Purdue reviews free speech policy, says it has nothing to do with Newman incident
Purdue University’s free speech policy is under review by the University Senate, but faculty on the senate say the review has nothing to do with a recent scandal on campus in which staff member Jamie Newman harassed the school’s pro-life group.
"...free speech was alive and well during that situation, and quite frankly, I think the situation resolved itself fairly well.”
“It actually gave us more room to deal with the issue appropriately,” Chairman Kirk Alter told WLFI. “So free speech was alive and well during that situation, and quite frankly, I think the situation resolved itself fairly well.”
Alter insisted the review was in the works long before Newman’s resignation.
President Mitch Daniels, who spoke at the University Senate meeting on Monday, defended the university’s decision to ask Newman to apologize, but said his comments were protected under the school’s free speech policy.
“If we had not changed the policies, the speaker would have been fired summarily,” Daniels said. “Only because of the liberalization of that policy did that person get a chance to explain himself and persuaded the law enforcement people that he was just spouting off, that he really had no intent to do exactly what he said he wanted to do. Personally, I think that was a better outcome.”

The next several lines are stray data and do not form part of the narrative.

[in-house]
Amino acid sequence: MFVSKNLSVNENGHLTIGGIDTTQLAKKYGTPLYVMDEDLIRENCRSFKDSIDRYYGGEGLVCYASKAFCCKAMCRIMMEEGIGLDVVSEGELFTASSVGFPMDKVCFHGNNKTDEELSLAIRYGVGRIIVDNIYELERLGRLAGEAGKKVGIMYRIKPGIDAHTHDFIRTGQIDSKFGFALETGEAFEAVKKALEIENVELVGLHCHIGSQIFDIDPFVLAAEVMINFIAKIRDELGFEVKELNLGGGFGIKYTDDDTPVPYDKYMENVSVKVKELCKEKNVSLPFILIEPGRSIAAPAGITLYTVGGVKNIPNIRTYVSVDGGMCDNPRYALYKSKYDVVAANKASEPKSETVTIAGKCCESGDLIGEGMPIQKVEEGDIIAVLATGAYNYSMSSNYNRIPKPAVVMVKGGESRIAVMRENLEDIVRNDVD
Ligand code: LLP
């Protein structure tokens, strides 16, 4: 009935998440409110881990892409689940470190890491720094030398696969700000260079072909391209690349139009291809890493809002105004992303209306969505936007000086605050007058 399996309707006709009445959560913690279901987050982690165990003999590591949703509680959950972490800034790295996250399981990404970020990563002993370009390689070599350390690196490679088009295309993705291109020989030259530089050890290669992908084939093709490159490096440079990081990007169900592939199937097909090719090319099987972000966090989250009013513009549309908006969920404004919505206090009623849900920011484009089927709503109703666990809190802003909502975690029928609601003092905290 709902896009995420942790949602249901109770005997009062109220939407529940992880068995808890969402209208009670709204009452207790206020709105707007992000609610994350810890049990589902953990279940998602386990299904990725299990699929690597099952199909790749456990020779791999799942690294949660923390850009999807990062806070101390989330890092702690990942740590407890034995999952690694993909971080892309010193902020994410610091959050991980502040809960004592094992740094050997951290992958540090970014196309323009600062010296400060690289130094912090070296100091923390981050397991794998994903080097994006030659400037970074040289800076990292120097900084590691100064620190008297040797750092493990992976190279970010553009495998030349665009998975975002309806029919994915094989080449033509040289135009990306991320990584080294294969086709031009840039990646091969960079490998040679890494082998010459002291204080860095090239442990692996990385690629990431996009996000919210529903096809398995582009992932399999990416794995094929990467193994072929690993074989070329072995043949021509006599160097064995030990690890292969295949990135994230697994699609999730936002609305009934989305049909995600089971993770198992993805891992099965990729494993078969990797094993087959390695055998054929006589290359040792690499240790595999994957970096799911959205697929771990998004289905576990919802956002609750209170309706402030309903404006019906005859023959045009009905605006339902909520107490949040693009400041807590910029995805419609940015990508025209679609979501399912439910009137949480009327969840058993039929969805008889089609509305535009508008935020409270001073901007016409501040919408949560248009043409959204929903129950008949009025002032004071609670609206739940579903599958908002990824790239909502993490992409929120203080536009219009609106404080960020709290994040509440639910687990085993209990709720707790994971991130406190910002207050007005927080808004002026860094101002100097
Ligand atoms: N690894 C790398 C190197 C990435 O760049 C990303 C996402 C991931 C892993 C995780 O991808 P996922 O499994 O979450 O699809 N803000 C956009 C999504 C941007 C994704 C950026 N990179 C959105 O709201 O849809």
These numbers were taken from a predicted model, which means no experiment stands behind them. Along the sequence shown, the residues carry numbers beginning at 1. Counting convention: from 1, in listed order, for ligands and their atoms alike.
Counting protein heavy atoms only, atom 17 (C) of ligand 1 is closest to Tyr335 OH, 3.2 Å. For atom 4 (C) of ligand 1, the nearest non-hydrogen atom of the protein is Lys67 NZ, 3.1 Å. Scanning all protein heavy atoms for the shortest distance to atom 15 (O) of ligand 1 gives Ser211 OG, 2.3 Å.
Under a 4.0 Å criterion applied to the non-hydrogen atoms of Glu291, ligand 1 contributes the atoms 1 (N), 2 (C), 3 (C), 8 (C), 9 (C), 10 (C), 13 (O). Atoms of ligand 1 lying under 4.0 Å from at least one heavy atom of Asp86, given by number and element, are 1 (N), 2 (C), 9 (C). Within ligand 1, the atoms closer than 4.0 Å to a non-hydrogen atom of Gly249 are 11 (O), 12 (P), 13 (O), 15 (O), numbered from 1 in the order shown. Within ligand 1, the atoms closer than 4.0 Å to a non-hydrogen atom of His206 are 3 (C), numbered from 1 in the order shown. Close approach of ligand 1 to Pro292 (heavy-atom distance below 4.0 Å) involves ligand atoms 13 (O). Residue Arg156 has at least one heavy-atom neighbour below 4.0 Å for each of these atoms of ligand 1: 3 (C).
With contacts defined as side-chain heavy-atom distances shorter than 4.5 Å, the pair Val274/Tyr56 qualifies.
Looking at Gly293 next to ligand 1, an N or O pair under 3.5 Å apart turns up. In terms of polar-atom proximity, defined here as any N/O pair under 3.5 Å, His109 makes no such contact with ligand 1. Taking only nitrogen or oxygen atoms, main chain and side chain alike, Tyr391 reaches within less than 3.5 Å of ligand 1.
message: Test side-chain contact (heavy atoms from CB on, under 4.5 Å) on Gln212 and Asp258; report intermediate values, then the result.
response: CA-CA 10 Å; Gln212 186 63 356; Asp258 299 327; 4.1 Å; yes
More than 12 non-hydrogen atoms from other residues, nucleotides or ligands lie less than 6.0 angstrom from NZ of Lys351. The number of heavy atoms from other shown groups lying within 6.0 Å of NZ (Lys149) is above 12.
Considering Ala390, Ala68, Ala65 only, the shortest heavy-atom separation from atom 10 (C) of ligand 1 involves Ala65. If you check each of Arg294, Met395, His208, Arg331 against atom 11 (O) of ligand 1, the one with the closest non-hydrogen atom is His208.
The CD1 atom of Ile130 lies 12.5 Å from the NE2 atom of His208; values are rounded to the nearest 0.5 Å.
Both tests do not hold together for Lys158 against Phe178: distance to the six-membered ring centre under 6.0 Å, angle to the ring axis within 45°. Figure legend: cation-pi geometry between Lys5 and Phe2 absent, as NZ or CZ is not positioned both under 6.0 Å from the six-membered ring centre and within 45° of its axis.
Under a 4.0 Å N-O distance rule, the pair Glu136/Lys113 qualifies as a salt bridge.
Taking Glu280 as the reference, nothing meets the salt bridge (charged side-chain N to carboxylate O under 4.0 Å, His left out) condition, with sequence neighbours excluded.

Daniels, however, did call Newman’s comments “the most explicit threat [he’s] seen in [his] three years at Purdue.”
Last spring, Purdue adopted a free speech code known as the “Chicago Principles,” which bars universities from attempting to “shield individuals from ideas they find unwelcome, disagreeable, or deeply offensive.”
The policy adopts principles from the University of Chicago’s Report of the Committee on Freedom of Expression. Purdue was the first public institution to adopt the “Chicago Principles.”
Daniels has praised Purdue’s robust free speech policy and even called his campus “a proud contrast” to the academic environments of Mizzou and Yale, where the extent to which professors and students can speak freely on campus has been called into question.
“Last year, both our undergraduate and graduate student governments led an effort that produced a strengthened statement of policies protecting free speech,” Daniels wrote to his campus. “Today and every day, we should remember the tenets of those statements and do our best to live up to them fully.”
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